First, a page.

• Every sin is committed through pleasure. Every pardon comes through sorrow, hesychia [ascetic life and watchful inner stillness in prayer] and silence.

• The revolt of the flesh stems from little esteem for prayer, abstinence and good hesychia.

• The good fruits of hesychia are silence, abstinence, spiritual reading and pure prayer.

• Spiritual reading, praying, hesychia and silence, abstinence and genuflections purify the mind from every sin.

• Evil, that is, sordid passion, rooted in the heart of men, necessitates a lengthy and laborious sorrow. Habits once rooted in the heart are overcome with great effort.

• Those who work with reason, equilibrium and attention, never feel the weariness of monastic work.

• Hesychia and monastic work, perseverance and generosity purify the conscience.

• Fasting and vigils, hesychia and silence, abstinence and bows, singing and spiritual reading, all calm the arid soul and defeat the flesh, which does not want to surrender.

• The prompt assistance of God will be like a reward for those who persevere in hesychia. If something should be lacking in your cells, be patient! The Lord, our God, will send help to those who await Him on the day of sorrow, because “Wait a little, in fact, just a little, and He who must come will come and will not delay.”
– Published in “De Vita Contemplativa” (Monthly Magazine for Monasteries) year V – Number 7 – July 2011


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O Lord Jesus Christ, open thou the eyes of my heart, that I may hear thy word and understand and do thy will, for I am a soujourner upon the earth. Hide not thy commandments from me, but open mine eyes, that I may perceive the wonders of thy law. Speak unto me the hidden and secret things of thy wisdom.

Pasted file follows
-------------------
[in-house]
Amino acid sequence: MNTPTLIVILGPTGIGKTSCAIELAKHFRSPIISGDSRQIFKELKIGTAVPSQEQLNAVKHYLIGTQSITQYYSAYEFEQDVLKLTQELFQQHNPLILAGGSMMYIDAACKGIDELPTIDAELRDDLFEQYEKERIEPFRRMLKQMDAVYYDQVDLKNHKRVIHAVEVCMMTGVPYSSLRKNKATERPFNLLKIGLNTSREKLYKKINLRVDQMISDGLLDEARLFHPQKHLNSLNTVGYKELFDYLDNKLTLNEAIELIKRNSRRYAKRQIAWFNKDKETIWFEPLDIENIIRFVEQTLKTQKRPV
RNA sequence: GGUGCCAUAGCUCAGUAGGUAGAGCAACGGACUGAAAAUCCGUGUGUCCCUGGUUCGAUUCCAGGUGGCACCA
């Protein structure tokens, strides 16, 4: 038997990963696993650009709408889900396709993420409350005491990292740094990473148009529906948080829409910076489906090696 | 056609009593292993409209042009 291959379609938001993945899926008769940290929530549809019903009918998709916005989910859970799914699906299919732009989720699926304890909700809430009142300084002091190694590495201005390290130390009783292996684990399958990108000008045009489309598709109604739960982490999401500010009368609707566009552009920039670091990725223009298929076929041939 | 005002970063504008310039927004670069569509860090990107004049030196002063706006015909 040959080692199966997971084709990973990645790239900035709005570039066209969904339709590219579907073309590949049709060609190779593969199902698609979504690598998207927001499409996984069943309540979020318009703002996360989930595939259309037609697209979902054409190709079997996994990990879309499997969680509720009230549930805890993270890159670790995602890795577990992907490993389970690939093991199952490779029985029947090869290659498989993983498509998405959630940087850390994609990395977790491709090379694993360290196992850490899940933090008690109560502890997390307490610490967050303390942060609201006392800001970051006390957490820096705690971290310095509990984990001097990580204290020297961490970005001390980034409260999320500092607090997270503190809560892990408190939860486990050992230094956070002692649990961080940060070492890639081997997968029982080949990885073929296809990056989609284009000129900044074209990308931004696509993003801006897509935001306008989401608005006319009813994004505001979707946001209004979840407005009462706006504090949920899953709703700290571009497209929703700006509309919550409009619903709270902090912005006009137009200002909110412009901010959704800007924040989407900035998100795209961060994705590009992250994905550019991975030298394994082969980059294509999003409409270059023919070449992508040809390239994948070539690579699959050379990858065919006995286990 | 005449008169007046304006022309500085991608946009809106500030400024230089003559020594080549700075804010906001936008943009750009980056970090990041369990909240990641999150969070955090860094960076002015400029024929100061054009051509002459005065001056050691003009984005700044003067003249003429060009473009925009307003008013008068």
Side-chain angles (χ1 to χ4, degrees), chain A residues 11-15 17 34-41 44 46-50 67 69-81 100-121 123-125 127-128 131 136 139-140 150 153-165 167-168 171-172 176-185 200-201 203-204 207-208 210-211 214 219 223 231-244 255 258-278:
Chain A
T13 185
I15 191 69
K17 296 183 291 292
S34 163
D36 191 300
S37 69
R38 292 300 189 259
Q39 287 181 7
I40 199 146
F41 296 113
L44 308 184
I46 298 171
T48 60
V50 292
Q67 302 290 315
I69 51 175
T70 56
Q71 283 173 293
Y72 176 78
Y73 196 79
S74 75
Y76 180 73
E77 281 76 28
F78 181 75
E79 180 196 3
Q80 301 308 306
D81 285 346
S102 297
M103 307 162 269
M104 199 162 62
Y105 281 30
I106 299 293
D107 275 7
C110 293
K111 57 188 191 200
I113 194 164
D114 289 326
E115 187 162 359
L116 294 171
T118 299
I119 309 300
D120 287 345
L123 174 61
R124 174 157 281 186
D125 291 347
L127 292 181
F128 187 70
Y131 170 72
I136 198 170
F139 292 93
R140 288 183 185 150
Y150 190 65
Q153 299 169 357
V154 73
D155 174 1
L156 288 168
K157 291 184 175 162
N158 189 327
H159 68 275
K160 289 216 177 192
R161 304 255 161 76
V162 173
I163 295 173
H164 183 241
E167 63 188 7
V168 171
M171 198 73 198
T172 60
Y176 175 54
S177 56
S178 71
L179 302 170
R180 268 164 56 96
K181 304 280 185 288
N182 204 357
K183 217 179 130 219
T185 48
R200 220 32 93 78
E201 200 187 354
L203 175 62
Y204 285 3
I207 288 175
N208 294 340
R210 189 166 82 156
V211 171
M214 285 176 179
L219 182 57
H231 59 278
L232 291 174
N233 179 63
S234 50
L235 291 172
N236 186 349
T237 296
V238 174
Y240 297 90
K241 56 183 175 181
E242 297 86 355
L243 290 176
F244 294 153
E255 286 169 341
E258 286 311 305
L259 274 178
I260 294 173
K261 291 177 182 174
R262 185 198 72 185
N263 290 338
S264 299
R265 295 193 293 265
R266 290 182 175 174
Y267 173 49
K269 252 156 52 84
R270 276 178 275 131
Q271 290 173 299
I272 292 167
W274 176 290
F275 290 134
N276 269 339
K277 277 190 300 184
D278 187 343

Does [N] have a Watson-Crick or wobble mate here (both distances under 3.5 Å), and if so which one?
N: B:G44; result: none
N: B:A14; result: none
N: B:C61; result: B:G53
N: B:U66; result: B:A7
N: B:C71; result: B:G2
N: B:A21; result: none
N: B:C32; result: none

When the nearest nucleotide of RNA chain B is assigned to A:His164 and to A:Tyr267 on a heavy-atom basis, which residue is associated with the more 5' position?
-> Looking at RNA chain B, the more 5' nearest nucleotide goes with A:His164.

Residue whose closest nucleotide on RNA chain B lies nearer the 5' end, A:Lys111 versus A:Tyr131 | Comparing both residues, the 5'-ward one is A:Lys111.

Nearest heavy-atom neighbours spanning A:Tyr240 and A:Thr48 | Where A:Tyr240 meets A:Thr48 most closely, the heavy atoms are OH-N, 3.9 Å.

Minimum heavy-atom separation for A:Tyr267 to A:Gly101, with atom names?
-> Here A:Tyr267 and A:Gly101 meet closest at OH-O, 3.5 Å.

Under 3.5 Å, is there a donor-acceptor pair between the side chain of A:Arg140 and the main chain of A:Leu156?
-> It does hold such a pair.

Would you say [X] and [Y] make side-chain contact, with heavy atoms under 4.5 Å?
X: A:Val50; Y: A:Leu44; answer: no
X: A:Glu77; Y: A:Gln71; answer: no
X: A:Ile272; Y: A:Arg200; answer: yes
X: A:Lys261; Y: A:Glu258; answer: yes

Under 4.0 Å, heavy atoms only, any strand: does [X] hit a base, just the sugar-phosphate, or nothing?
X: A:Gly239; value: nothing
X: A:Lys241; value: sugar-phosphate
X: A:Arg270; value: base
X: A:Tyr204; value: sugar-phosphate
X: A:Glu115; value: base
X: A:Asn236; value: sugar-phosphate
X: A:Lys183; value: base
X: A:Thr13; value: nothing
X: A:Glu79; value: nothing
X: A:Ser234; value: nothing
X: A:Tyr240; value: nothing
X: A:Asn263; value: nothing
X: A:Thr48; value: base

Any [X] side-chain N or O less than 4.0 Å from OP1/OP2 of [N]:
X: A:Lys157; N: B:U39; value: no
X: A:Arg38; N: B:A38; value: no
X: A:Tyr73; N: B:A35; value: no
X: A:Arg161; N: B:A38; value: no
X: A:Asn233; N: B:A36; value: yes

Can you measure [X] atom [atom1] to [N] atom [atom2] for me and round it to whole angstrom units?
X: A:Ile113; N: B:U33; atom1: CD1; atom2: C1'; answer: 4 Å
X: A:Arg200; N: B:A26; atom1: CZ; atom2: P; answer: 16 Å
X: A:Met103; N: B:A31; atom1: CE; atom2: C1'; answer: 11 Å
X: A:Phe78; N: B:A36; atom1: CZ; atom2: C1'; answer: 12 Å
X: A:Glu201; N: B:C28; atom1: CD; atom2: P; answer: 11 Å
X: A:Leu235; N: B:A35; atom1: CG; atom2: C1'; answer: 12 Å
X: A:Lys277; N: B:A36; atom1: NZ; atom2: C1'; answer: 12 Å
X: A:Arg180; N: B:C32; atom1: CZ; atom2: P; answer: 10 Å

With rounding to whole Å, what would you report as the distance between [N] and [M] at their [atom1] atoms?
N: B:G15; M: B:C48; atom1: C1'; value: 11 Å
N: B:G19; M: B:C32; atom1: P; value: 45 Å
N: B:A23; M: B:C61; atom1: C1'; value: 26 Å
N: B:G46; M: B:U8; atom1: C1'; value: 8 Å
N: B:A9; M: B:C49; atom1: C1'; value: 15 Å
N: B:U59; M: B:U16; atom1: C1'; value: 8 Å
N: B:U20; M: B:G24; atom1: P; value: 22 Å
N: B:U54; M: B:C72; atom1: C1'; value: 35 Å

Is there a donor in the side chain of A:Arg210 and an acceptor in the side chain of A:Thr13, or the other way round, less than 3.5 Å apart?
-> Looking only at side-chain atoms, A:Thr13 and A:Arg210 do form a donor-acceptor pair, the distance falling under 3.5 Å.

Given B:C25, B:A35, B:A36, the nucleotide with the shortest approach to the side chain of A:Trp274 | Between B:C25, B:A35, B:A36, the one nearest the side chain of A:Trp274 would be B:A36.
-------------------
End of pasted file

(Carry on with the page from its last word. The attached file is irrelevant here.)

On thee do I set my hope, O my God, that thou shalt enlighten my mind and my understanding with the light of thy knowledge, not only to cherish those things which are written, but to do them; that in reading the lives and sayings of the saints I may not sin, but that such may serve for my restoration, enlightenment and sanctification, for the salvation of my soul, and the inheritance everlasting. For thou art the enlightenment of those who lie in darkness, and from thee cometh every good deed and every gift. Amen.
– St John Chysostom

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Posted by on September 14, 2013 in Prayers for Ordinary Time


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One goodness ruleth by its single will
all things that are, and have been, and shall be,
itself abiding, knowing naught of change.
This is true health, this is the blessed life.

Here, O ye prisoners of empty hope,
minds kept in bonds of pleasure, haste ye to return.
Here, here your rest, sure rest for all your hurt,
eternal harbour for your quiet anchorage,
shelter and refuge for unhappy men
that’s always open.

This is the Father, and the Son, and the kind Holy Ghost,
one King omnipotent, one called the Trinity.
One love, O thou that readest, that shall be
thine to eternity,
that sent this mighty gift of books
that reading, thou mightst recognise the Maker,
King, Maker of all things, Father, Redeemer,
the Saviour Christ, to whom be glory.
– Alcuin of York, 8th century


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The ashes used today come from the branches blessed the preceding year for Passion Sunday.

Lord, you are merciful to all, and hate nothing you have created. You overlook the sins of men to bring them to repentance. You are the Lord our God. The penitential rite and the Gloria are omitted.


• Let us pray [for the grace to keep Lent faithfully] Lord, protect us in our struggle against evil. As we begin the discipline of Lent, make this day holy by our self-denial. or

• Let us pray [in quiet remembrance of our need for redemption] Father in heaven, the light of your truth bestows sight to the darkness of sinful eyes. May this season of repentance bring us the blessing of your forgiveness and the gift of your light.

Joel 2:12-18
Let your hearts be broken, not your garments torn.